stretches out, long after the eggs
have been divested of their foil
and the chocolate has been consumed.
It persistently recalls the mystery,
as we read, in episodes,
the story of women and men
who met unexpectedly with their risen Lord.
Luke, teller of good news,
offers us a sometimes ghostly,
sometimes fleshly, Jesus;
both of whom lead us to renewed wondering.
We hear, again,
the familiar but unlikely resurrection tales,
and are faced with the same worrisome possibilities
of all past Easters.
The narratives call loudly,
and reach deeply,
as the spirit of Jesus invites us
to take our part in the great ongoing drama.
He challenges us to take courage,
to walk his road of love and forgiveness,
and to carry in our own bodies
the defiant confrontation,
determined hope,
and costly sacrifice
that may yet redeem the world.


© Ken Rookes 2015

Good news story No. 4


Thomas the questioner
refuses to accept the unbelievable:
Good for him!
I’m there alongside Thomas;
let some of the criticism
that gospel-teller John sprays in his direction
paint my body, too.
In the end, we are told,
when he meets the impossibly revitalised
person of the man he had watched die,
Thomas puts aside his scepticism.
I suppose I would, too,
if invited by the risen Jesus
to touch his hands and side.

The good-news purveyor
writes of a resurrection far beyond
encounters with the risen Jesus.
There are generations
who will not have opportunity
to comprehend with their eyes,
but who will be none-the-less be blessed
with believing, perceiving, rather,
in their hearts.
They follow resurrection’s improbable promise
of justice, hope and love;
treading with faith
that foolish and costly path through death,
towards life.


© Ken Rookes 2015

Tuesday, April 7, 2015

Doubting Thomas cartoon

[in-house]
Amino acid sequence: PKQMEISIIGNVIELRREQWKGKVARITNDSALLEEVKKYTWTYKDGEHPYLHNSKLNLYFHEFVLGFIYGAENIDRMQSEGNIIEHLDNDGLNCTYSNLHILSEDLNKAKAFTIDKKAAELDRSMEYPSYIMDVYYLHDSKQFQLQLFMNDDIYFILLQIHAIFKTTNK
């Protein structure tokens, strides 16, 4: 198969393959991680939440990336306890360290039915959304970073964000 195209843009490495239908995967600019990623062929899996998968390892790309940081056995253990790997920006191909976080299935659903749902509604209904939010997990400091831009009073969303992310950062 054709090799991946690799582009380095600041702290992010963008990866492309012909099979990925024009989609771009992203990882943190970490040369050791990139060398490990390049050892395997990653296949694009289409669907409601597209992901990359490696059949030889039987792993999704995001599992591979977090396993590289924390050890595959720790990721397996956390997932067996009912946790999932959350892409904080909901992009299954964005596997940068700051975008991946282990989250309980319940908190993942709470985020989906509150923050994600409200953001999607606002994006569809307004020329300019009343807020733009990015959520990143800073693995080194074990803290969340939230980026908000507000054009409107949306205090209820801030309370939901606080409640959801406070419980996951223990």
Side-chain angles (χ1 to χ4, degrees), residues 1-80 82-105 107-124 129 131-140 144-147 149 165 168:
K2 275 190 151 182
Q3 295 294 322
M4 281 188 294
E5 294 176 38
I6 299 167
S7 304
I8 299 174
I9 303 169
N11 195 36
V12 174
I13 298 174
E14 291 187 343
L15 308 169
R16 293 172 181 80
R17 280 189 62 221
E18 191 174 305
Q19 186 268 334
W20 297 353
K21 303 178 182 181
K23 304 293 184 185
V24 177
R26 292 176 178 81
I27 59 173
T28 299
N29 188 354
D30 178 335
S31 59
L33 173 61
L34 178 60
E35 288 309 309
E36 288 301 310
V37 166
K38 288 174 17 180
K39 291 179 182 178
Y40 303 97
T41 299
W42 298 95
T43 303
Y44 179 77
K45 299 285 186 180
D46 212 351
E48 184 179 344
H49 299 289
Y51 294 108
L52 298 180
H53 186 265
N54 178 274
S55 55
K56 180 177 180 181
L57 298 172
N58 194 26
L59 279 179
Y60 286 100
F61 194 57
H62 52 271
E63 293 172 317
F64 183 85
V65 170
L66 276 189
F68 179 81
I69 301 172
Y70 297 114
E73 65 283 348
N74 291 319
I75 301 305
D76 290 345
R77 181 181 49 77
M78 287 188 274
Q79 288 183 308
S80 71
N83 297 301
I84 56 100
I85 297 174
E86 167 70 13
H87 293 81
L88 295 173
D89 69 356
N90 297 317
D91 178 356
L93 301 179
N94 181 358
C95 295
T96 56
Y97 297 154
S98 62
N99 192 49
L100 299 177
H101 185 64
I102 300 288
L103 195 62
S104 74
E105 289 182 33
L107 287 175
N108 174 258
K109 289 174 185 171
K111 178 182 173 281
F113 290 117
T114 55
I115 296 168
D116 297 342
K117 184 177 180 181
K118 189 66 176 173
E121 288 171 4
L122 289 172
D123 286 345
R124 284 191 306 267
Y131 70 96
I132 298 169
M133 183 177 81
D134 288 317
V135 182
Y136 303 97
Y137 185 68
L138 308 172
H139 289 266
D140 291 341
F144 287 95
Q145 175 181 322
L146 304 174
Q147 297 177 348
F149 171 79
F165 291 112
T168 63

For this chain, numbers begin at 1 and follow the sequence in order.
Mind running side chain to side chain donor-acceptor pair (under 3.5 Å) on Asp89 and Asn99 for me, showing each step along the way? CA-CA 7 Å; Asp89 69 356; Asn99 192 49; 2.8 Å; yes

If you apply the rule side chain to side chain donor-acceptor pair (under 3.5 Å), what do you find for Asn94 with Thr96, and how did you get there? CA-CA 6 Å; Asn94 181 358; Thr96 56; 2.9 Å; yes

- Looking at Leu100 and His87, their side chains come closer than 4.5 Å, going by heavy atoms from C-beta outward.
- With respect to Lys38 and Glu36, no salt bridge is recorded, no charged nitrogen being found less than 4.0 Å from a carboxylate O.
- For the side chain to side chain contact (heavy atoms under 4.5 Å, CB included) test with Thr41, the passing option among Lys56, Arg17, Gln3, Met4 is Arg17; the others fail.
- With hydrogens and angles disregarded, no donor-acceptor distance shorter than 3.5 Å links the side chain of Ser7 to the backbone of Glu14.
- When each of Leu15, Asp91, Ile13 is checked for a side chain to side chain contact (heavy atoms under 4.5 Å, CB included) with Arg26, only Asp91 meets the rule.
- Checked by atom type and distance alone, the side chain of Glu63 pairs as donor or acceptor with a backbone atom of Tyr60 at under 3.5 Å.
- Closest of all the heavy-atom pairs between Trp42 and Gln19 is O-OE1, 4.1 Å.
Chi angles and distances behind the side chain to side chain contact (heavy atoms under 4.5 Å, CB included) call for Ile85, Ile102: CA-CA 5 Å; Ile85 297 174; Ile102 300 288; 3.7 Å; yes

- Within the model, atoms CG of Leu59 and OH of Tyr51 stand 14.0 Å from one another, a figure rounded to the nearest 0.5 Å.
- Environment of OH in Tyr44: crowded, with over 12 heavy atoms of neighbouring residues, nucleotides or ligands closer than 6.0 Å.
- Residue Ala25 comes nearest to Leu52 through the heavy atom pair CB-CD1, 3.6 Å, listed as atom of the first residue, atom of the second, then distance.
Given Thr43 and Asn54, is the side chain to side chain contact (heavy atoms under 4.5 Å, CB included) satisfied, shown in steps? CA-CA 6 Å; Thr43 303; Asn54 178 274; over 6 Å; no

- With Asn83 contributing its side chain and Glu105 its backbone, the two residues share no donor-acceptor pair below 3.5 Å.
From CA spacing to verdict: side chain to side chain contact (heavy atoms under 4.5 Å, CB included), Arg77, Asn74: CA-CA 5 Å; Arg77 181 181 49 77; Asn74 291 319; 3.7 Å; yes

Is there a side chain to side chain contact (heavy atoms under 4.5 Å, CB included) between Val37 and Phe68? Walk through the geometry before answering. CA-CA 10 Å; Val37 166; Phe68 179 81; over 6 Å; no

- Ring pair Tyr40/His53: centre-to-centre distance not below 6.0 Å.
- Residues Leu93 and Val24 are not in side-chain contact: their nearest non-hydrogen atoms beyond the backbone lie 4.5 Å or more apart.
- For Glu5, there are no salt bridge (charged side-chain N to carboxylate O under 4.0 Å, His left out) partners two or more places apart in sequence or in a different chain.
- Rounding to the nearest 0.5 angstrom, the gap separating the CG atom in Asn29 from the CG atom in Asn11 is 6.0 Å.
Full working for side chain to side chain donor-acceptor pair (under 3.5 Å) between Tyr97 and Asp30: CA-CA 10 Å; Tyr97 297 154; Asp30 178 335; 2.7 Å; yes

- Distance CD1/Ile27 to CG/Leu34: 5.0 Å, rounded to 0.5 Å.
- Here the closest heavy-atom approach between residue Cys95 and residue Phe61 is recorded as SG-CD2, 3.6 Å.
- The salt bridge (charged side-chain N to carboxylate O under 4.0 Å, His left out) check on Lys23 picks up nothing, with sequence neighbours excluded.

personally, i think he has a point.

We may grow weary, but ...

"...Jesus is engaged with the world. He is the Word who was with God in the very beginning, and whose love was present in the world's birth. He is the peasant child who knew and loved the earth he walked and all those who walk with him. He is the naked, vulnerable and tortured man nailed to immovable wood and still moved with compassion for his torturers. He has died, and he is risen, and yet he comes again, to touch doubters and healers, soldiers and peasants, persecutors and apostles -- who are sometimes the same people, after all … especially after Jesus' touch.
Jesus comes to the women at his tomb and his followers huddled in fear. He comes to those who confess him and those who grieve him, miss him, or doubt him. He comes to those who love him and those who hate him. Jesus comes and he comes and he comes to this world because he is not done with this world, no matter how many times people of this world say they are done with him, or with the way of peace and compassion he walked and walks. Jesus is not done with any of us, and never will be, until we experience in the deepest part of ourselves, and are bursting alongside the whole of creation to share the wealth of love and generosity for which we and the world was made.